If you're not already familiar with the basics of MakeCode Arcade, check out this guide on creating a character sprite and moving it with controls.
To start, open a new Chrome browser window (Chrome works best) and go to MakeCode Arcade beta.
These MakeCode Arcade guides are designed to take you through the fundamentals before tackling more complex games:
For intermediate-level techniques, check out:
To begin with, let's load the finished version of MakeCode Arcade Trash Panda and try it out.
Start by launching MakeCode Arcade beta using the Google Chrome web browser. Then, download the arcade-TrashPanda.png file above by right-clicking on the image below and saving it to your computer.
Load the Code
This is a special .png file that contains not only an image, but the entire game is embedded in it as well!
Simply drag it from the location to which you saved the image on your computer (such as the desktop as shown here) onto the Chrome browser window that is already running MakeCode Arcade (MCA). Note that the image in this graphic is of a different game, but you'll be dragging the Trash Panda png file.
This will open the code into the MCA editor.
Try out the game! As Lynn the Trash Panda, you need to mash the A or B button to climb the right or left side of the building. Avoid the falling bricks and flying crows -- they'll bump Lynn down the building a bit and she'll lose one heart!
If you see a delicious, huge slice of pizza one of the building dwellers has set on an open window sill, eat it! You'll gain one heart back.
Reach the top and you win the game -- the quicker you do so, the higher your score. This game is hard, so practice to get really good!
Now, let's look at how it works. Some sections are similar to the previous games we've built, so we'll look at those only briefly, and got into more detail on the new techniques used.
In the on start block we'll first call the function named Intro. Here, we set the background image to act as a game title/splash screen.
Then, we call another function called bgm (background music) to loop four times with the repeat 4 times loop.
The bgm function contains the play tone and rest blocks of a startup song.
Next, we pause for a second and then give the player two screens of instructions using the show long text blocks, which must be advanced by pressing the A button.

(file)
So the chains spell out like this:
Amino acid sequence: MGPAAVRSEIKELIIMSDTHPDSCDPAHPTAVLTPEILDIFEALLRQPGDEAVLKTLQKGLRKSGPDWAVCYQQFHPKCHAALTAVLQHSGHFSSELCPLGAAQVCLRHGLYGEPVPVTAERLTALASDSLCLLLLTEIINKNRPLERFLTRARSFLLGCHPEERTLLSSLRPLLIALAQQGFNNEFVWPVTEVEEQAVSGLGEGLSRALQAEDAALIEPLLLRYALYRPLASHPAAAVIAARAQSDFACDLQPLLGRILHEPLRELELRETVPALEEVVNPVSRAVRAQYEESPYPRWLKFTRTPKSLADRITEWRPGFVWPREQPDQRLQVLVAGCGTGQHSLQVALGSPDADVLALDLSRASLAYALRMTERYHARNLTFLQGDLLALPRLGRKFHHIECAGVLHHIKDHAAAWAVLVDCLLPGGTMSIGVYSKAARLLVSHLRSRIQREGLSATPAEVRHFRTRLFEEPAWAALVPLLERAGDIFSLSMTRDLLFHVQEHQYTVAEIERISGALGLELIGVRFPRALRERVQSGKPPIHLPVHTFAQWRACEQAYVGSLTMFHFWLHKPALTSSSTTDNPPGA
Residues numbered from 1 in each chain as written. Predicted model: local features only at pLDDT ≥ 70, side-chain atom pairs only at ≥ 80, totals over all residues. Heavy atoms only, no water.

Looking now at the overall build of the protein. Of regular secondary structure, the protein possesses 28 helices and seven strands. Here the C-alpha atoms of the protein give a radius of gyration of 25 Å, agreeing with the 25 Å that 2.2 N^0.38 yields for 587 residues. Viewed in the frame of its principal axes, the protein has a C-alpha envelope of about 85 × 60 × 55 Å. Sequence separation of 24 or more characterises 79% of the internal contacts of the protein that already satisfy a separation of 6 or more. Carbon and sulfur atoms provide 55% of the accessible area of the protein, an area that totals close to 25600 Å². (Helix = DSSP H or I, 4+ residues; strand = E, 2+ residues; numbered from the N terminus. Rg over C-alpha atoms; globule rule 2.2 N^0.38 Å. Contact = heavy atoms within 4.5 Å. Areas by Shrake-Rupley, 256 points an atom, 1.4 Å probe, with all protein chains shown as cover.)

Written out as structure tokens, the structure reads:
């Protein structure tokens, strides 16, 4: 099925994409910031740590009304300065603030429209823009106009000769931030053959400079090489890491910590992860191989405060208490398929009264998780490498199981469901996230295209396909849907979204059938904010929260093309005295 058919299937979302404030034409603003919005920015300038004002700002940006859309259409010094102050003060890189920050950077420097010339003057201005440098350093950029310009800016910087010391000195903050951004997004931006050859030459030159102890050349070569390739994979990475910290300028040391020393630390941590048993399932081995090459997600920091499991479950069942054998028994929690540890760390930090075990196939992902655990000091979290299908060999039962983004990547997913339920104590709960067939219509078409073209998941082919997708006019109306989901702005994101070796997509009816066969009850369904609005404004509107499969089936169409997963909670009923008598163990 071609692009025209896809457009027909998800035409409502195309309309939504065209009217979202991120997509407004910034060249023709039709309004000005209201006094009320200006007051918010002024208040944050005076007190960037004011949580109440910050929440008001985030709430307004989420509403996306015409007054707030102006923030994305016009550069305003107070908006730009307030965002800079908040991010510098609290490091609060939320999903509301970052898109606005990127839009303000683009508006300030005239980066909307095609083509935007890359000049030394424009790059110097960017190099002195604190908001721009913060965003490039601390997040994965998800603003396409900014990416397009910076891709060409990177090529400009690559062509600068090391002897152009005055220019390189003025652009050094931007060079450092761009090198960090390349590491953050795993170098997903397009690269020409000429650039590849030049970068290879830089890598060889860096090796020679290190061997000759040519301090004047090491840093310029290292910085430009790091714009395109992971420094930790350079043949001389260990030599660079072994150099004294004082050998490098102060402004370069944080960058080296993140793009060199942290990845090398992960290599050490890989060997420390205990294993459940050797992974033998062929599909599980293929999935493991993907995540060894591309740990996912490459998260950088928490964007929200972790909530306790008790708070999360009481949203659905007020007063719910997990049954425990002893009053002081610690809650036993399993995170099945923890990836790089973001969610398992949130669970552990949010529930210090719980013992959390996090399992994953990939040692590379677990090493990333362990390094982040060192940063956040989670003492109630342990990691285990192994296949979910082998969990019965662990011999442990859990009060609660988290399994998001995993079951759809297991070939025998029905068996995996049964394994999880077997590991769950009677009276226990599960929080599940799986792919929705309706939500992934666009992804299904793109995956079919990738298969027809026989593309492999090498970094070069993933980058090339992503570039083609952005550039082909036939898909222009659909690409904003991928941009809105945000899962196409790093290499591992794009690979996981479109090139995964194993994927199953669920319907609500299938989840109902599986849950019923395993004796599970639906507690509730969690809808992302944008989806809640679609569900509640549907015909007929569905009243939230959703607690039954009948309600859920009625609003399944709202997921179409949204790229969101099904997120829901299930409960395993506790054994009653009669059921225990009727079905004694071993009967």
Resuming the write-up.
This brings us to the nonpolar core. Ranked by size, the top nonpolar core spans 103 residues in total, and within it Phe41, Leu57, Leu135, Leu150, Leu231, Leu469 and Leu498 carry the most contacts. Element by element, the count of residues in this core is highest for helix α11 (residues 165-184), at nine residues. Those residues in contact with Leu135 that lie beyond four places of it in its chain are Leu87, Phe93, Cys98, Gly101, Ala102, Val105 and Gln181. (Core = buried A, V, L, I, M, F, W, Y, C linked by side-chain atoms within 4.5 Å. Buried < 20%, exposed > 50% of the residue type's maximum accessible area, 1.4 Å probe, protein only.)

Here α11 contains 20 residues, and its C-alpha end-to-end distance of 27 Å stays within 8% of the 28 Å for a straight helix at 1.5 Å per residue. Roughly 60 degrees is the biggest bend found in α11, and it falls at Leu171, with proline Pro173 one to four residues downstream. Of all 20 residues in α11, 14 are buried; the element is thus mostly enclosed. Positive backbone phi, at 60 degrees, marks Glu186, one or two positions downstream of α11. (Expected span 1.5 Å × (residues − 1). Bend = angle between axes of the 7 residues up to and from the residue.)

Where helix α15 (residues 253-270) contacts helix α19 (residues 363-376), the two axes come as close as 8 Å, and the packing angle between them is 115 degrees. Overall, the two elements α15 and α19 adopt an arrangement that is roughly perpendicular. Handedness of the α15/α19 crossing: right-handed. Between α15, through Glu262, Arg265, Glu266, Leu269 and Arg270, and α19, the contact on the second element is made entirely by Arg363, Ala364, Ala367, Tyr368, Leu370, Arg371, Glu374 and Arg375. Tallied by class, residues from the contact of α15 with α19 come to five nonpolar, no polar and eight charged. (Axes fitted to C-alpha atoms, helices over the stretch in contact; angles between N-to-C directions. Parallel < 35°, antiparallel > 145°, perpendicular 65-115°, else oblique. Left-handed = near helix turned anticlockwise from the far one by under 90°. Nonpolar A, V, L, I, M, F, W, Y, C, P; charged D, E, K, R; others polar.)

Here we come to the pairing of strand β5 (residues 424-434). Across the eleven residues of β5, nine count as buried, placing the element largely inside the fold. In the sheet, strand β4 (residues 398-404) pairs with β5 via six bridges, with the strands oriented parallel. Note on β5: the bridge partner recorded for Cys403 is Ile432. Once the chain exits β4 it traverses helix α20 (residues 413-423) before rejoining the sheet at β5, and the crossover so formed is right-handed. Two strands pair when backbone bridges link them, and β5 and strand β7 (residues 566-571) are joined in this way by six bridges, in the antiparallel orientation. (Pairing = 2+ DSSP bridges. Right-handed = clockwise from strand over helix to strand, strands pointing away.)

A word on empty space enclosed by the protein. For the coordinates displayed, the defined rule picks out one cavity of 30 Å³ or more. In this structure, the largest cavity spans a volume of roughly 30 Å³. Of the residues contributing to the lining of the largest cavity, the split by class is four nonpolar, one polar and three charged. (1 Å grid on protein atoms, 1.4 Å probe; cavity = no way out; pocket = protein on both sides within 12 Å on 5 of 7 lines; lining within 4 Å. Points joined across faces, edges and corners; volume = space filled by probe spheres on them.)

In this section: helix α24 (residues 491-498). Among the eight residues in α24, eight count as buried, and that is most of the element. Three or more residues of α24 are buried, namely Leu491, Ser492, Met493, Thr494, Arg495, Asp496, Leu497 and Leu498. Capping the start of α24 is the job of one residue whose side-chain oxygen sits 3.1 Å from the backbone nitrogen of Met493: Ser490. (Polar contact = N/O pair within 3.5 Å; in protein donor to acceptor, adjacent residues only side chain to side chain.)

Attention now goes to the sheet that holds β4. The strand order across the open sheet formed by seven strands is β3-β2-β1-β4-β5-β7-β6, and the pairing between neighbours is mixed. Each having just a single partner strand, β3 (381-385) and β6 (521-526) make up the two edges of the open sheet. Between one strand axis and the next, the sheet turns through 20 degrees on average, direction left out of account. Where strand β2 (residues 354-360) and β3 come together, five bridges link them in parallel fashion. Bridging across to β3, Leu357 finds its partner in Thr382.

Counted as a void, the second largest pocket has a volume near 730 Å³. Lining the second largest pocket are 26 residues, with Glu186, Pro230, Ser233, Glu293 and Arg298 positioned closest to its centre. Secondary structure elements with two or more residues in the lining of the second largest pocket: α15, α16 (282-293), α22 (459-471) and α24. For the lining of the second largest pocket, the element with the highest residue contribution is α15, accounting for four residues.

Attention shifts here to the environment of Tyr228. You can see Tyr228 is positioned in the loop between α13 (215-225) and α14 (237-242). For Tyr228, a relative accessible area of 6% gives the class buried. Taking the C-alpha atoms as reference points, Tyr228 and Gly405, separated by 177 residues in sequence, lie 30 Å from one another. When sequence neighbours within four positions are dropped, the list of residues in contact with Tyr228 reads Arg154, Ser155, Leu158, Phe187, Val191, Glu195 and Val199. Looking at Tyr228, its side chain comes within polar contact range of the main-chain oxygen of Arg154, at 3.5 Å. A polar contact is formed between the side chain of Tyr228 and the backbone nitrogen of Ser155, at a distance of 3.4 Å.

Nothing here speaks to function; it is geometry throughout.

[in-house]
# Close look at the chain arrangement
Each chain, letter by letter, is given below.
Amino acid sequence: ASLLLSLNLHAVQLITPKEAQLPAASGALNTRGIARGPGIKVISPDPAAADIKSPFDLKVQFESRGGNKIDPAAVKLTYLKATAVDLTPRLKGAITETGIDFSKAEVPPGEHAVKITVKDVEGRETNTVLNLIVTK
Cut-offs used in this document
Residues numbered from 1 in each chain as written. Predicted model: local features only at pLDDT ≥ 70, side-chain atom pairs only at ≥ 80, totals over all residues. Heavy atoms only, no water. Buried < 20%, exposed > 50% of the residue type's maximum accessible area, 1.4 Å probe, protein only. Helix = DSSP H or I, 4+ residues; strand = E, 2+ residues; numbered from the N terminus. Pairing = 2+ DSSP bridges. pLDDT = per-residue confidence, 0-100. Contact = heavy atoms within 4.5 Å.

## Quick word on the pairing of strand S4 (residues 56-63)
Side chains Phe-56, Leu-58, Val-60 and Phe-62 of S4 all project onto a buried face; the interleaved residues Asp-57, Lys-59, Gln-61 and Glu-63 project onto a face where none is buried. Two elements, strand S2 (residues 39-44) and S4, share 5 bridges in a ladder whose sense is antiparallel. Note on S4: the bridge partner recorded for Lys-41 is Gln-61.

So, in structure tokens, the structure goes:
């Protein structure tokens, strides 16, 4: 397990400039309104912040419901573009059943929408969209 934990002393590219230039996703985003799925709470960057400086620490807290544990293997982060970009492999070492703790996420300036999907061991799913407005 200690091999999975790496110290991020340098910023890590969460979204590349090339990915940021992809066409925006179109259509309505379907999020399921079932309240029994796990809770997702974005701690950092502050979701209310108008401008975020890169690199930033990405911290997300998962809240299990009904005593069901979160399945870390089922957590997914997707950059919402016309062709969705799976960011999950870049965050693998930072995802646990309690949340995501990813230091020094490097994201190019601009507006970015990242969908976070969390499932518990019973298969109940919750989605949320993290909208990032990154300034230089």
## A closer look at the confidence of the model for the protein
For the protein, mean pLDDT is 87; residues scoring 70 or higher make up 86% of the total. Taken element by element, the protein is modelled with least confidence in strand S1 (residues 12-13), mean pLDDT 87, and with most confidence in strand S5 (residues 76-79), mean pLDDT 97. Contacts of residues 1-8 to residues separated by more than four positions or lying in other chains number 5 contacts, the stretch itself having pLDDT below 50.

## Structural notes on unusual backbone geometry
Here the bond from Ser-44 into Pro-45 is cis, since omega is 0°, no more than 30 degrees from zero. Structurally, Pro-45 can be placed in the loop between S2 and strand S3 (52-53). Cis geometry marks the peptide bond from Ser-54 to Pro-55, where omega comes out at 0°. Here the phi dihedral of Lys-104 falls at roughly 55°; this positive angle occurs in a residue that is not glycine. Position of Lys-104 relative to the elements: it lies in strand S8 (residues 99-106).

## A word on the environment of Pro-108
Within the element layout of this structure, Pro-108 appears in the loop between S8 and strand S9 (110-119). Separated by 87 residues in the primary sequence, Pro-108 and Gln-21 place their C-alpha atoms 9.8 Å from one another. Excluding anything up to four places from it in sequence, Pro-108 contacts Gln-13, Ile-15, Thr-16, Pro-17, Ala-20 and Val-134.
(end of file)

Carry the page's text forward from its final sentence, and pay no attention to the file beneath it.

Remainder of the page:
Background and Tile Map
Next, we'll set background image to a city skyline, and then set tile map.
The tile map will act the same as a scrolling platformer map, except vertically rather than horizontally as we did in the Ruby platformer game.
Each index color block is used to place a different tile and in some cases will also be the spawn point for sprite characters, enemies, and food.
We'll look at these individual tiles in a moment.
The goal is for Lynn to climb to the top of the building. We'll place sprites on some of the tile map positions to represent the UBS logo at the top of the building, as well as generic looking yellow and red building sprites that will be on the actual blocks the character needs to overlap to win.
In the levelSetup function we'll place the rest of the tiles. Have another look at the tile map to see where each of these images is being placed.
Lynn Character Setup
Now we'll set up the main character, Lynn the Trash Panda. This one is big, so we'll look at it in a few sections.
First, we'll create the Lynn character sprite and set her lives to 7, and then place her x/y position and z depth.
We'll have her appear on top of the blue tile on the tile map.
So that there is gravity in the scene for her to fight, we'll set Lynn ay (acceleration y) to 200.
Next up are Lynn's climbing animation and idle animation cycles. We'll create one set facing left (when she's on the right of the building) and one facing left.
We'll also set a single frame animation of Lynn when she's idle. This way we can switch between idle and climbing easily when the player is or isn't pressing one of the buttons.
The next thing we'll do is a bit tricky. We will need to trick the camera into following Lynn as she climbs the building, but not keep her in the center of the frame, which is the default behavior for the camera follow sprite block.
Instead, we want to center the camera with a 35 pixel offset to the left or right, depending on if she's on the right or left side of the building.
This will keep the building from seeming like it's jumping around the scene.
To do this, we'll create a pair of sprites to follow that we'll consider as transform nulls. They will be set to move with Lynn, but with their own relative offset on the x-axis.
These will be invisible during gameplay, but to help us visualize them and understand the concept, we'll create one set of them that have marker graphics, and another set that's invisible. By flipping the false to true in the if...else logic loop, we can turn on (or off) these visualization markers.
It gets pretty tiring to climb a big, tall building when you're a sweet little trash panda. Thankfully, a thoughtful human will place a giant slice of pizza out of a randomly selected window for Lynn to eat!
In this function we'll set up the food, make a pizza slice sprite with a z depth of 1, and then use the place pizza on top of random white tile block to have it appear on one of the white tiles in the tile map.
These are the last few on start blocks to take care of. First, we'll set the center camera position. (Later the Lynn nulls will take care of this).
Then, we set up some variables for gameplay (we'll see how these are used momentarily:
activate animation Idle_Right on Lynn sets her in the ready position for game start.
Then, we'll set score to 1000 -- as the game progresses, this number will be counting down, so that the player's score is based on how quickly they reach the goal.